Action: Learn the rules of the game of business, other than through the "Trial and Error" method. The very best way is to find and use trusted mentors, advisors, and/or coaches to guide you through the process of learning how to improve your capability to run your business to avoid the many errors others make. Frankly, the rules are simple, easy to learn, and are based upon common sense, and high integrity
Reason #4: The business owner tries to execute all three of the three basic functions needed for a business to succeed, alone and without help. (See The E Myth Revisited by Michael Gerber). The three key functions a business must have executed to succeed are:
The Technical function, which is the execution of the actual service or product provided by the business. For example the drafting action of a drafting company, the auto repair actions of an auto repair company, the production of a boat of a boat building company.
The Managerial function, which is the organization, coordination, and supervision of the people assets and activity of the business on a day to day basis.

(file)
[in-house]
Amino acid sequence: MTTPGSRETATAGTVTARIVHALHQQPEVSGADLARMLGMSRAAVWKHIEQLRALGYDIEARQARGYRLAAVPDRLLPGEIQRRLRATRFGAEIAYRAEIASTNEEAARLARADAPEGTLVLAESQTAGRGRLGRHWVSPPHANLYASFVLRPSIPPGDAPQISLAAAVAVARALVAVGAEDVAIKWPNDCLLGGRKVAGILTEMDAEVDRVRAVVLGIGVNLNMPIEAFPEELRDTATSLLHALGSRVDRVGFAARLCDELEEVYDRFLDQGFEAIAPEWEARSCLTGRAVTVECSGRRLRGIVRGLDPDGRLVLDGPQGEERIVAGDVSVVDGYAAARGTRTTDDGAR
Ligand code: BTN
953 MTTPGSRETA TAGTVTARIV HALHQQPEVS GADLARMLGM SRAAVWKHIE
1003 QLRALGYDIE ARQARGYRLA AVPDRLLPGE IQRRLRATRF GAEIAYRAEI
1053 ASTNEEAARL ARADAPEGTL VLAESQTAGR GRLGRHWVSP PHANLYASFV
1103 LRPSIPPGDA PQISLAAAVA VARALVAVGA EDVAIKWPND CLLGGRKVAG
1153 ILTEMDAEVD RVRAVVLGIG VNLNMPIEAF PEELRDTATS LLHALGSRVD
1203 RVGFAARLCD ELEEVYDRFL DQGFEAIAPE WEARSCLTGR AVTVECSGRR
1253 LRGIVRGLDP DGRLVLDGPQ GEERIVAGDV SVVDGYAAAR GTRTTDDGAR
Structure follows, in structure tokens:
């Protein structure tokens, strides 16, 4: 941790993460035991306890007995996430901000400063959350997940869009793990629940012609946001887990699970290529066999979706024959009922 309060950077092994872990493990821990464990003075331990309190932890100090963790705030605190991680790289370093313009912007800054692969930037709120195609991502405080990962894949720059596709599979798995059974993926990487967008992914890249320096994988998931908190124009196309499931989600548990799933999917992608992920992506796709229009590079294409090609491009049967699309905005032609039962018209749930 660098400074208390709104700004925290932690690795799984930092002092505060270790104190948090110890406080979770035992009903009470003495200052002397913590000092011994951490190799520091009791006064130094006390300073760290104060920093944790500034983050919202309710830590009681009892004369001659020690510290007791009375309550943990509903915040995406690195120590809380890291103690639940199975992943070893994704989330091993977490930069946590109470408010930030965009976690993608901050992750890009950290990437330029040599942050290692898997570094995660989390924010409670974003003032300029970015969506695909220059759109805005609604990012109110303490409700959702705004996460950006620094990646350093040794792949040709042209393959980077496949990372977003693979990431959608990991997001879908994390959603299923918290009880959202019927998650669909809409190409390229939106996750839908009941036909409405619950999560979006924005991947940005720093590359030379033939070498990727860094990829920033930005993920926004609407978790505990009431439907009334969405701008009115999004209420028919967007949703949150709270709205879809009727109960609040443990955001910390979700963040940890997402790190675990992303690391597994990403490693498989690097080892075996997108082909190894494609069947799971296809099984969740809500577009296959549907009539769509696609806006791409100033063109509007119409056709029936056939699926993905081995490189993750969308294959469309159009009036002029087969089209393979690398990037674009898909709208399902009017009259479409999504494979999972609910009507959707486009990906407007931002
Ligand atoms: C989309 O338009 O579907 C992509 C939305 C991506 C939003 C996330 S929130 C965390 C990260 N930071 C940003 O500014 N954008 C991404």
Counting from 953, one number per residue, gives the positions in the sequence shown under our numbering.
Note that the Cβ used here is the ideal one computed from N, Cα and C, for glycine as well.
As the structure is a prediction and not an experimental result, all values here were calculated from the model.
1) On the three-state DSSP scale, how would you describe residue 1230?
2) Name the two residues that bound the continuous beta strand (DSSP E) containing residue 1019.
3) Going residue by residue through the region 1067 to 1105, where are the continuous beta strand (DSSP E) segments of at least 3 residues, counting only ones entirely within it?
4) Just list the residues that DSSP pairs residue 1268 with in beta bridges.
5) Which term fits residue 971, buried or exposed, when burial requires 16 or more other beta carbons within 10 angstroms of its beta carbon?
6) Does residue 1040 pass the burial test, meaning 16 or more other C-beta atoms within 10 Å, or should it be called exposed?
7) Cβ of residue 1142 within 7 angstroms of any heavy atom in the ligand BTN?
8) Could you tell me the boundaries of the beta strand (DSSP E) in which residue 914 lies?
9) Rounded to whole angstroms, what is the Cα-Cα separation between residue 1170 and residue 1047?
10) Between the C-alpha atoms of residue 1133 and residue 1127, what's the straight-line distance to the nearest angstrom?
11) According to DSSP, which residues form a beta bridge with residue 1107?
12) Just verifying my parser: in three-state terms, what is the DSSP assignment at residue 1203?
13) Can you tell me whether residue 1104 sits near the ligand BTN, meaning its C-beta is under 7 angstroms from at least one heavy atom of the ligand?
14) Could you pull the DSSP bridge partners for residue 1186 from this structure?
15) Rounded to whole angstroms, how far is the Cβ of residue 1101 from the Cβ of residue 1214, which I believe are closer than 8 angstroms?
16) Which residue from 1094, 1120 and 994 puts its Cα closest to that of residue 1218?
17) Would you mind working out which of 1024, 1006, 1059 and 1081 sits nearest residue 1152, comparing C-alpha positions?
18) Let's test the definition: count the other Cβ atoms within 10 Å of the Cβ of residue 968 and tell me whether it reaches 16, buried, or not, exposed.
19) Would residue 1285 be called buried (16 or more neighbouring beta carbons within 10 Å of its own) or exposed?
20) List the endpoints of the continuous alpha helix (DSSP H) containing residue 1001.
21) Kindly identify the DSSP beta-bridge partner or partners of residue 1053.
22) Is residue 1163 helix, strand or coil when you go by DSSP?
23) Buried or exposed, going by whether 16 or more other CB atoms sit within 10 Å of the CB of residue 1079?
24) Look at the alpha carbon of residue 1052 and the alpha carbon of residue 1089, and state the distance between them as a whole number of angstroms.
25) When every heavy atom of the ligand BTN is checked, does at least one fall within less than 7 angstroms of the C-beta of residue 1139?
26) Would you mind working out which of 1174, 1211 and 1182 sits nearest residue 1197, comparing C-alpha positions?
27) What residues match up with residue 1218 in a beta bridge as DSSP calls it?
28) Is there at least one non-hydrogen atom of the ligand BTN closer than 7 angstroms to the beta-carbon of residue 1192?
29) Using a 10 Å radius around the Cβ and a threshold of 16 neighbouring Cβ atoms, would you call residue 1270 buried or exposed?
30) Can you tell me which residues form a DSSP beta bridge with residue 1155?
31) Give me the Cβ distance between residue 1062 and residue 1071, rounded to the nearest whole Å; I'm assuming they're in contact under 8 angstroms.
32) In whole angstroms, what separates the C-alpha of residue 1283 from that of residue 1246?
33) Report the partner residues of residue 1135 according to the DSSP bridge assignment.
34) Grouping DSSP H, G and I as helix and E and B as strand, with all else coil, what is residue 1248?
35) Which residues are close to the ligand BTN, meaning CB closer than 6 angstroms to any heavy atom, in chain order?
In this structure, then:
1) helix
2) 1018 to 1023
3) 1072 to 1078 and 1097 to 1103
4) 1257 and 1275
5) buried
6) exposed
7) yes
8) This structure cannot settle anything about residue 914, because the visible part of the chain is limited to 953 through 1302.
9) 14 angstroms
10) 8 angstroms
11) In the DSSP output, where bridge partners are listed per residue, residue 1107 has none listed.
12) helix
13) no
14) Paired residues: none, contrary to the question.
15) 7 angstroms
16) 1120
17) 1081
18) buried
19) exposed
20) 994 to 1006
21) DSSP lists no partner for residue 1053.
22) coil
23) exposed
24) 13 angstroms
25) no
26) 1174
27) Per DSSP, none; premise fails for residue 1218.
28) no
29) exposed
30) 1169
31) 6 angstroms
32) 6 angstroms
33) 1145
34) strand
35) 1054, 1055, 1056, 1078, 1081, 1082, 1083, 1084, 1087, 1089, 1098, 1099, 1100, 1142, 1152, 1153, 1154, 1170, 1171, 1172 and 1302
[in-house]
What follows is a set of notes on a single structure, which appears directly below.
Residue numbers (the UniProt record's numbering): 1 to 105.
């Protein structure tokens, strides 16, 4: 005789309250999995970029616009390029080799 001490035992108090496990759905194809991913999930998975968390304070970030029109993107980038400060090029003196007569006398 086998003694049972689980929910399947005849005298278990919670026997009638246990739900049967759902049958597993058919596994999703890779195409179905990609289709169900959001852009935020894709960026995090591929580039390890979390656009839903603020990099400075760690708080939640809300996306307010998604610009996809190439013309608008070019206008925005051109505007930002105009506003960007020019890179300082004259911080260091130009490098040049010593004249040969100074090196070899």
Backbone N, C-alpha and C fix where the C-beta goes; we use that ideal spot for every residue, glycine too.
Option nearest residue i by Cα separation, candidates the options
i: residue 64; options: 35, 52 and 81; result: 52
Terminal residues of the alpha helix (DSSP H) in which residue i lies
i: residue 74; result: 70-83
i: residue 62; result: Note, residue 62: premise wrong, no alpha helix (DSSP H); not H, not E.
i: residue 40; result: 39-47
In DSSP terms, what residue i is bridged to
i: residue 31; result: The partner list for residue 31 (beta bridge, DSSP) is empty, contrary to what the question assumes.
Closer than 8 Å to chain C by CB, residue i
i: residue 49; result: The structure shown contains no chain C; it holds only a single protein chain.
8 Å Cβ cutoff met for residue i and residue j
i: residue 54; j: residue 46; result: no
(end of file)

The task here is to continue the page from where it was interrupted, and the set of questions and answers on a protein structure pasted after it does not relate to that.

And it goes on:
The Visionary function, which is the discovery, setting and communication of the future goals and purposes of the entire business. The leadership to get all parts of the business flowing towards the long term goals established.
The level of success of a business is limited to the level of the execution of the weakest link of the three business functions described. A business that has two of the functions executed in an excellent manner and the other in a poorly manner will eventually level out no higher than poor.
Yet, entrepreneurs (budding business owners) and business owners try to personally perform all three functions themselves. One single person will have an extremely difficult time performing all three functions at a high enough level for the business to eventually succeed.
Michael Jordan, one of the best basketball players of all time, could not translate his huge basketball skills into a successful baseball career. He proved that the skills needed to succeed at the game of baseball are much different from the skills needed to succeed at the game of basketball. And when he returned to basketball, he had to work extra hard to re-sharpen his basketball skills to his previous levels. Likewise, the skills of owning and operating a business are specific and very different than the other two "Games of Work."